Menlo Park-based InnVision Shelter Network unveils new brand

Homeless services nonprofit to be called LifeMoves

After a year in the works, a new name and brand for InnVision Shelter Network, the Menlo Park-based homeless services nonprofit, was announced Jan. 26.

The organization will continue its same services, providing shelters and resources for people facing homelessness from Daly City to San Jose, but under a new "LifeMoves" brand, said Amy Wright, LifeMoves vice president of development.

The name change comes about three and a half years after a merger of two nonprofits, InnVision and the Shelter Network, that left a lengthy title in its wake.

The idea behind the new name is that the organization facilitates "life moves," or major life transitions, for its clients by offering them support in a number of different categories: housing, career, finance, education and health.

LifeMoves helps clients make housing "moves" with housing search assistance and direct help with first and last month rent payments; career "moves" with resume prep, interview training, and employment search assistance; and financial "moves" with financial literacy education.

The nonprofit supports learning "moves" with programs such as legal assistance, conflict resolution, parenting skills training, and support in seeking high school completion or higher education.

Health "moves" are facilitated with mental and physical support and counseling.

Kids get a wide range of services too, including homework support, art therapy, anti-bullying workshops, and STEM (science, technology, engineering and math) programs offered by volunteers. There's a Stanford-themed room for teens full of board games.

Jacob Stone, general manager of the Haven Family House in Menlo Park, said there are teens who live at the family shelter who run into each other at Menlo-Atherton High School. Group meetings for teens help them understand they're not the only one experiencing homelessness.

Each family receives a case manager who works to help tenants get out of whatever situation they're in, Stone said.

"There's no one size fits all," said Bruce Ives, CEO of LifeMoves.

Haven House provides housing for 23 families and a range of additional services. The organization has family shelters across San Mateo and Santa Clara counties. Thirty-nine families live in a San Mateo facility, nine in Redwood City, and soon, 15 families will be accommodated at a location under renovation in Daly City. Two other facilities in San Jose offer interim shelter for up to 110 women and children total, and another serves family fire victims in San Jose. Six other shelters offer interim and stabilization shelter for single adults.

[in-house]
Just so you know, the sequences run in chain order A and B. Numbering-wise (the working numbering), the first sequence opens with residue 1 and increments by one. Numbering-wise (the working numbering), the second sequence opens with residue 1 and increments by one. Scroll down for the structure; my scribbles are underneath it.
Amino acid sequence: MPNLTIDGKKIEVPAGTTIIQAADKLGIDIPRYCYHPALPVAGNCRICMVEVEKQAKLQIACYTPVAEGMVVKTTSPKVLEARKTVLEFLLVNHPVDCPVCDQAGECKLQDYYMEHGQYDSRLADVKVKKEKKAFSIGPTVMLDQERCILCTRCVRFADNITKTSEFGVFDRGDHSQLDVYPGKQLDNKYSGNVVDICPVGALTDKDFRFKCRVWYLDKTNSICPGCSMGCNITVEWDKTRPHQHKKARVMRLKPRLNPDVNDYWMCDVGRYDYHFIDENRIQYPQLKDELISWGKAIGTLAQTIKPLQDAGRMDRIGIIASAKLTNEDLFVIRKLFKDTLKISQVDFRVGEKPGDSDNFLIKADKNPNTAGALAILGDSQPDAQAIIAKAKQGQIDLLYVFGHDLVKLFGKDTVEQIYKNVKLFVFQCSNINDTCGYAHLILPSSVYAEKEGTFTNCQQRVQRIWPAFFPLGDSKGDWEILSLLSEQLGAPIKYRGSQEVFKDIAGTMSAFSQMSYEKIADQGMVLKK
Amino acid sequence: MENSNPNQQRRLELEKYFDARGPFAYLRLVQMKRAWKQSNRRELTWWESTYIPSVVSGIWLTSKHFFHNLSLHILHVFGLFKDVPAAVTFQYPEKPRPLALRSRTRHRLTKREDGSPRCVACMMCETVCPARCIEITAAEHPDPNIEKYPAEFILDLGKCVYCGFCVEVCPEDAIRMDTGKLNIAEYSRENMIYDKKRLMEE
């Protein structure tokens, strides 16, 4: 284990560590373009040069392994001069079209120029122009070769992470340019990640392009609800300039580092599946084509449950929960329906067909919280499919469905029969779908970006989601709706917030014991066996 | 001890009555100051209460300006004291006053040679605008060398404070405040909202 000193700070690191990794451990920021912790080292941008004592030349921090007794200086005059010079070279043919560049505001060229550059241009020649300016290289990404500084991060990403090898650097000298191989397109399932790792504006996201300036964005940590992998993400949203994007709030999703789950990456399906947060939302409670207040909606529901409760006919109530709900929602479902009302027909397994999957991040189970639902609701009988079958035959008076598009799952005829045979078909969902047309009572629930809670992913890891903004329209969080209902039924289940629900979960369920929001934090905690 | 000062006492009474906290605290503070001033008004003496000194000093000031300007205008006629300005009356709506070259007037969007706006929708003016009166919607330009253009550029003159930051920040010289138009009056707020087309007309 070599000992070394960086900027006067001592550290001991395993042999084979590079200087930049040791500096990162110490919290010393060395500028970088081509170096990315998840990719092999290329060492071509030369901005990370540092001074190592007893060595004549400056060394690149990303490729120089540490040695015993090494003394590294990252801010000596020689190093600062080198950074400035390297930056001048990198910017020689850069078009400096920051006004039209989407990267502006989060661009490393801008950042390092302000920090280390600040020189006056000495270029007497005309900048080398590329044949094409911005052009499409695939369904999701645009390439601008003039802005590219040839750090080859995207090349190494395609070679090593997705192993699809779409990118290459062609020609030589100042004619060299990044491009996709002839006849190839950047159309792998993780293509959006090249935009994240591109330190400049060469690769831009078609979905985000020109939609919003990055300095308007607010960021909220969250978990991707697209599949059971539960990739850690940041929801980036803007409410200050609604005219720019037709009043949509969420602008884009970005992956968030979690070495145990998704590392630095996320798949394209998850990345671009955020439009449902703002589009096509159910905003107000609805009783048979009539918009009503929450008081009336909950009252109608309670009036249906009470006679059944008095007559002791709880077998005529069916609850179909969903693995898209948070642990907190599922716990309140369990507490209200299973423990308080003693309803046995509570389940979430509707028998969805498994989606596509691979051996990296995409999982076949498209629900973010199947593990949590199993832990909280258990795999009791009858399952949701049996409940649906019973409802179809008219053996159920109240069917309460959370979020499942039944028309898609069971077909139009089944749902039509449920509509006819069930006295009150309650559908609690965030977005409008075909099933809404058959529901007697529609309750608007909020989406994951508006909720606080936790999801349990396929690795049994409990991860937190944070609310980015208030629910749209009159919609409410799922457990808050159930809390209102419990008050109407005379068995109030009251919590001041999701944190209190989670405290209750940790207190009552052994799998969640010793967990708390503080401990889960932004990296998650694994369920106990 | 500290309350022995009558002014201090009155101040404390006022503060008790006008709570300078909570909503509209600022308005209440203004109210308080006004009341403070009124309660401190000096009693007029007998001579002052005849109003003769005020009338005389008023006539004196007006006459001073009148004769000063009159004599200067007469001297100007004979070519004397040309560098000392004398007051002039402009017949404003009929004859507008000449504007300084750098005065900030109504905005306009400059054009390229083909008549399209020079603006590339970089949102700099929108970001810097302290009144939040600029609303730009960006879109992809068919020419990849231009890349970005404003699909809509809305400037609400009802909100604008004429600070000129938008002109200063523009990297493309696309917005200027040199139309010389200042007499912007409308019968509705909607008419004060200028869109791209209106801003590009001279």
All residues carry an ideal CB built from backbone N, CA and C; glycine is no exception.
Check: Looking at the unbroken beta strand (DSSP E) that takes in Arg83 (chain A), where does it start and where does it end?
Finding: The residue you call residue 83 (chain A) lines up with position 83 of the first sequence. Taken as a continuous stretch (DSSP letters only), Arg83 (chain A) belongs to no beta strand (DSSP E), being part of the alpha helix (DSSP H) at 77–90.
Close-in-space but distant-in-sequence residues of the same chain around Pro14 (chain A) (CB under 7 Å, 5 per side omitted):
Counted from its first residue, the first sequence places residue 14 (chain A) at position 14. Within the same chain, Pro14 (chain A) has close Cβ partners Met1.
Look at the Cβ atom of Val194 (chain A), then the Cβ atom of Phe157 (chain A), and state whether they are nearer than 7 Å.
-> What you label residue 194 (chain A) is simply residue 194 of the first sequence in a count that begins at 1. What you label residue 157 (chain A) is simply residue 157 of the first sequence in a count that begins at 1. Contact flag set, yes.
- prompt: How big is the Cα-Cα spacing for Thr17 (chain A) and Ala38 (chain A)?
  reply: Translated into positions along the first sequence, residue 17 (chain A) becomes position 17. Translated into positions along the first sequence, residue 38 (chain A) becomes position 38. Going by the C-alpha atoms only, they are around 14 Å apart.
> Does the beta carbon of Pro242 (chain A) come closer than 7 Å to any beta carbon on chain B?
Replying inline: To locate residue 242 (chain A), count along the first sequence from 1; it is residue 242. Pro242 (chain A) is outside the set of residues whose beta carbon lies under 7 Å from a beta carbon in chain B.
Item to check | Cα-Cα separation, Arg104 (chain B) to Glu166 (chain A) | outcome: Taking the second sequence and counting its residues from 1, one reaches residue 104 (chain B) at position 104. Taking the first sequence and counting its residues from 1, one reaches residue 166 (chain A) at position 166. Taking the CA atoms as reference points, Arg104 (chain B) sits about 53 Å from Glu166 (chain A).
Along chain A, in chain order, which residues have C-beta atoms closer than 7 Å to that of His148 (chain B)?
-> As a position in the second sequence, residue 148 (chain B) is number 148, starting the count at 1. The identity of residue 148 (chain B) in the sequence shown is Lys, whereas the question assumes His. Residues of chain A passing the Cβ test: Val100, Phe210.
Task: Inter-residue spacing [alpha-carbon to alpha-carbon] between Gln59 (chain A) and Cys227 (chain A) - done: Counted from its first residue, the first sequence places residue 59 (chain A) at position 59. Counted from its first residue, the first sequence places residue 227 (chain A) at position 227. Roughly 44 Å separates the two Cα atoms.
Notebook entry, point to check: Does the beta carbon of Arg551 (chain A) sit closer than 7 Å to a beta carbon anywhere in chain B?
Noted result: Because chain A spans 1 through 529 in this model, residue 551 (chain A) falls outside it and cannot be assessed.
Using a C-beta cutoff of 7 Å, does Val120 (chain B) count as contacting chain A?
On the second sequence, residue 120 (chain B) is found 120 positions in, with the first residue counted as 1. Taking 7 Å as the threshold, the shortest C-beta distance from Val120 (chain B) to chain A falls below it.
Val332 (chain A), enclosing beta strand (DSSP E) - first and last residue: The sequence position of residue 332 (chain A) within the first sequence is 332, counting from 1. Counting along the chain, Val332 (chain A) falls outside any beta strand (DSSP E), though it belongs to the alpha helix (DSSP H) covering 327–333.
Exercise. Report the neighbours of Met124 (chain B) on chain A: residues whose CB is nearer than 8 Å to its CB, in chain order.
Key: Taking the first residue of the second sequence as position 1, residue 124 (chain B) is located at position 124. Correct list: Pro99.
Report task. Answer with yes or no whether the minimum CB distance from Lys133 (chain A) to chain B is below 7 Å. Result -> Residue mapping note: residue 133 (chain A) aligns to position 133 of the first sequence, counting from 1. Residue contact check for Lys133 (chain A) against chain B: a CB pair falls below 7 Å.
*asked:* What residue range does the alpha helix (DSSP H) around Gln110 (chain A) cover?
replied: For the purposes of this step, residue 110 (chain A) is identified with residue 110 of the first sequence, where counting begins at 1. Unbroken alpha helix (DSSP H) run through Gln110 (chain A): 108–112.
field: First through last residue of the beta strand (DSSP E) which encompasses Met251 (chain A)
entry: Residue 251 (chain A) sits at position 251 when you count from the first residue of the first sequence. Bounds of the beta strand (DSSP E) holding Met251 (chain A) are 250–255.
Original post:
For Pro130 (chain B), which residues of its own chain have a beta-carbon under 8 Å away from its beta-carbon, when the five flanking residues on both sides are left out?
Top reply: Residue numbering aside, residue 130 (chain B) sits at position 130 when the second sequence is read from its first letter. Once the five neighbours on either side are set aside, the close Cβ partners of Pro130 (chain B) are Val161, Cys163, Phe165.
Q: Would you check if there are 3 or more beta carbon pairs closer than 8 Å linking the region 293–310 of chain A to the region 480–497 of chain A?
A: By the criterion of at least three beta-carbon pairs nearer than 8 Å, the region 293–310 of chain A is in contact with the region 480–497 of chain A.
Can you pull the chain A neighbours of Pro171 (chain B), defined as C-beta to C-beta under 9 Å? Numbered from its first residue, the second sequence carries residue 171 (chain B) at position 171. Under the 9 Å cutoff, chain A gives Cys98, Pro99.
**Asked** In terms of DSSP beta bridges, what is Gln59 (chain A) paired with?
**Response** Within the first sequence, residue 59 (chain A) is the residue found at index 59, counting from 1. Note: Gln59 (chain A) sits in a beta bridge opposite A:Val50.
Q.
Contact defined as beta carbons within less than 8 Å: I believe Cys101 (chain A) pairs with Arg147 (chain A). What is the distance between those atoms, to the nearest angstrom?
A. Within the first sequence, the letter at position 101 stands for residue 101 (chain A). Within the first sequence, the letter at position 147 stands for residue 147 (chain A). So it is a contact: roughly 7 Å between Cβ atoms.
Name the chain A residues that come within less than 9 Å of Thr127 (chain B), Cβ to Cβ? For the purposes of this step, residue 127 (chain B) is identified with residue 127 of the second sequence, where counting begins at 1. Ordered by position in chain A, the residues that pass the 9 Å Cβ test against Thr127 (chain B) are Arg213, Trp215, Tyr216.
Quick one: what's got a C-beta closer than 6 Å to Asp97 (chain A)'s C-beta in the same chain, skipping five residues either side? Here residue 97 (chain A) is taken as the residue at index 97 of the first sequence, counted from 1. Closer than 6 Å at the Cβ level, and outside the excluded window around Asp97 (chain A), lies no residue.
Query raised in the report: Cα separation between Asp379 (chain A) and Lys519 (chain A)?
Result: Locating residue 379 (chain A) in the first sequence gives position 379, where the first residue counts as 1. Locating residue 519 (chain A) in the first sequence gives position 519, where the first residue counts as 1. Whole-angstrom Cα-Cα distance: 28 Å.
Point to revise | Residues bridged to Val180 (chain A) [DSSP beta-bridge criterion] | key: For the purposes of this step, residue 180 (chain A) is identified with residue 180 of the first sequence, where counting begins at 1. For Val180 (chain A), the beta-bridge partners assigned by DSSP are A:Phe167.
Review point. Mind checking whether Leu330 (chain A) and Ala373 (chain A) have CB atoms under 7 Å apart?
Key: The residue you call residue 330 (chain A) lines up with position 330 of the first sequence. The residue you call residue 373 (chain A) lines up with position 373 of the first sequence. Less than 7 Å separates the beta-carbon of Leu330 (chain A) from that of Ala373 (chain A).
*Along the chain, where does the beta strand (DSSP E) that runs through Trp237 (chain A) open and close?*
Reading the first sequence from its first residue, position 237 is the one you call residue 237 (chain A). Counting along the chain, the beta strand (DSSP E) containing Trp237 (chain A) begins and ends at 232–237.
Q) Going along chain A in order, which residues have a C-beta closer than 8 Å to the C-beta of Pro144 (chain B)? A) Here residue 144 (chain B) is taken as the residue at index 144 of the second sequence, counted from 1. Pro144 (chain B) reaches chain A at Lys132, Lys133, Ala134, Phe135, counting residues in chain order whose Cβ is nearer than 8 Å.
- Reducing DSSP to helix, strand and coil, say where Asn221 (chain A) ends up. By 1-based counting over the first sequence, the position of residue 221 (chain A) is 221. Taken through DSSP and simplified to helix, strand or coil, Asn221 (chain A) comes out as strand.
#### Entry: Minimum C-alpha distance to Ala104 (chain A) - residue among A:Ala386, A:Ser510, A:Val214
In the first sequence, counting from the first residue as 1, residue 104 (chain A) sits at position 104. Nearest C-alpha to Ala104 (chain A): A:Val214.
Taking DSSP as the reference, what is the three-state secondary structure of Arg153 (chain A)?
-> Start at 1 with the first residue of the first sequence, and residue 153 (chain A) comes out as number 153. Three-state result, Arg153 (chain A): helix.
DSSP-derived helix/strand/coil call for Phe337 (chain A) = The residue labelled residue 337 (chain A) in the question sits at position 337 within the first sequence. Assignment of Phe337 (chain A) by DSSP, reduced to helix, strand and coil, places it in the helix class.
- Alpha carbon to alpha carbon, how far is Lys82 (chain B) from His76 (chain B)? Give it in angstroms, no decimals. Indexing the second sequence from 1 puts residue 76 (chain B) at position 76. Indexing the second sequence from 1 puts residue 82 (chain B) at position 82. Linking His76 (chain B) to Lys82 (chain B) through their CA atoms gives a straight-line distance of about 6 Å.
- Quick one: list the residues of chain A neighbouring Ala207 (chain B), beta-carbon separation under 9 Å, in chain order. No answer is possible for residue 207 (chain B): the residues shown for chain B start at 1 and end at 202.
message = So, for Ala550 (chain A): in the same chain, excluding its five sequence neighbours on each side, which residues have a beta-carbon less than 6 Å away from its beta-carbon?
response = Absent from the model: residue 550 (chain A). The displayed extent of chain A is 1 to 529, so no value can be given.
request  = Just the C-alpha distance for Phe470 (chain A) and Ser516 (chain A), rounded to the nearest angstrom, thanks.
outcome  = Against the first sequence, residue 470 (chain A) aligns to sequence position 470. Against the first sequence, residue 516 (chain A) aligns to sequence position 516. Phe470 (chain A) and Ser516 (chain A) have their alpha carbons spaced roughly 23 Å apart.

Haven House offers four closets, or, more aptly rooms, stuffed with items that tenants can access: food, clothes, housewares, and toys for the children. Laundry facilities are available for a small fee. Parents are allowed to pick gifts from the toy closet for their own kids, but so are kids who are invited to go to friends' birthday parties.

"No one wants to be the only kid at a birthday party who doesn't bring a gift," Ives said.

All amenities and rent are free, but in exchange, tenants are asked to save at least 50 percent of their income, Ives said. On average, people stay at the facility for 165 days and leave with about $2,000 in savings, he said.

About half of the people at the Haven Family House, Stone said, are veterans or families.

Ligala is one of those veterans, who moved into the Haven Family House with her 9-year-old son, Daniel, in September. He's now attending Belle Haven School, which his mom says Daniel loves. She's plastered the bedroom wall with his homework assignments, each emblazoned with a blue star.

She says he wants to play football at Stanford, but she isn't sure she likes that idea. Between job and apartment searching, attending workshops and group meetings, she said, "we keep busy."